The passages soon became narrower and we had to wait. Sasha and Olga had already passed a unbelievably narrow joint and entered another fissure passage for mapping. For security reasons Katja and I listened to every noise and comment they made. Behind us, another steep passage lead into the depth. While Katja was waiting, I crawled down. After about 20 m the passage ended. Here former visitors had tried to dig themselves through the clay. After all, they could make it through 8m sticky clay, not bad! Another 2 meters maybe, or more? No one knows what´s there underneath. After a couple of hours we got back to the surface, frozen to the marrow. We were hungry and dirty. Anyhow, the first impressions were overwhelming.The next days we were busy with taking pictures, filming, mapping, assaying and setting up the climate station. On the antepenultimate day of the expedition, we saw smoke arising on the other side of the valley. After a short talk we were on our way to play fire brigade. A piece of woodland of several hundred square meters was on fire. If we hadn´t been able to stop the fire, it would have reached our camp and we would have needed to abort our expedition. We were all conscious about the risk and started to eradicate young trees to hit the flames. It was a sisyphean labor, because all the time new trees went up in flames. The ground was glowing and beneath the moss the fire was unquenchable. The smoke took our breathes away and only slowly we could take control over parts of the fire. But up the hill there was no chance of putting out the fire, because a faint wind drove it on and on, tree trunks were exploding and it was impossible to approach. Only a small part of the fire was extinguished. Totally exhausted, we could be sure that it would not reach our little camp. The following days the air was smokefilled and we needed to check every night how close the flames had approached.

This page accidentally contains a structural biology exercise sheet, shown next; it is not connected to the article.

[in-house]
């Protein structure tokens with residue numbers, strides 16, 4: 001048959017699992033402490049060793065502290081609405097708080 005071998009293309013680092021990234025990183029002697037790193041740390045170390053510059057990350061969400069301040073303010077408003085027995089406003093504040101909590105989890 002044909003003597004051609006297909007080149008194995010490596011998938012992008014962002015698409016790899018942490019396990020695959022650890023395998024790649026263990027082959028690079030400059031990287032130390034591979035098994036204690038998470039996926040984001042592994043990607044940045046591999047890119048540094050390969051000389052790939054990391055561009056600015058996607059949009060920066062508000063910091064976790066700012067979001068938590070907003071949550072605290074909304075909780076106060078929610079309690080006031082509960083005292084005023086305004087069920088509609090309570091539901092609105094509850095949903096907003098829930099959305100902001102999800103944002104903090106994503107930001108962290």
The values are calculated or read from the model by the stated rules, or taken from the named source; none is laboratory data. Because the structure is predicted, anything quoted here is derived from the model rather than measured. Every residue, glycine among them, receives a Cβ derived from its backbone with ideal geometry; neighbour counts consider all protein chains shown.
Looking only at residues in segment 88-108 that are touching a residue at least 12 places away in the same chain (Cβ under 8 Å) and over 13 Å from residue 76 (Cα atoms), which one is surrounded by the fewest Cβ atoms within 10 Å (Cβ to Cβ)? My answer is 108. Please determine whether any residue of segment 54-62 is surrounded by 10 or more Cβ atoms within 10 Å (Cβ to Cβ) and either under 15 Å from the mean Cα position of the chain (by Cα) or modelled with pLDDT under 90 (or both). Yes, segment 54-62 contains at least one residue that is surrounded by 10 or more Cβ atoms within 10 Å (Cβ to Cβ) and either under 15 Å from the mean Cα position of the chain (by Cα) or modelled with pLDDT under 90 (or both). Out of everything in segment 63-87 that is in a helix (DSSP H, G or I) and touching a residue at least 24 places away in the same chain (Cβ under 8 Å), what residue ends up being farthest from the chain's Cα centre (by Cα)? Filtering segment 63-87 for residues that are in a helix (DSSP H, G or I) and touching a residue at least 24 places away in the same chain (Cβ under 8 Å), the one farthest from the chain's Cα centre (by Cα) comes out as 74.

Nonetheless the work needed to be done. Big parts were mapped already and we were sure we would be able to finish the rest! The gauging station, which would be recording climate relevant data several times a day for the next couple of months, was set up. Sergey and I were carrying the first samples - at all 28 kg - to the pass, where we hid them carefully. The last days again were pretty stressy. Our female members had discovered some traces of bears on their way from the "toilets". Therefore we had a very light sleep the last nights... We did not see one bear, but the fire came closer and closer. Anyhow we were able to finish our set tasks. Now we had to take the strenous way back to the valley - passing the fire and reaching the former origin of fire, where only a couple of strong trees and black stubs were left. We took a break. As soon as we started eating, our appointed truck arrived to pick us up. That meant a big jig for us, because we actually thought we would have to drag all the luggage, the samples and ourselves up to the pass, which was 700 meters higher up the hill. The GAS 66 and its driver had actually passed an impassable way. The expedition was a complete success. Now we will have to analyse the samples. This work will last until spring 2004 or maybe longer. Then perhaps a small piece of climate history of a region, which still has a lot of secrets, can be reconstructed.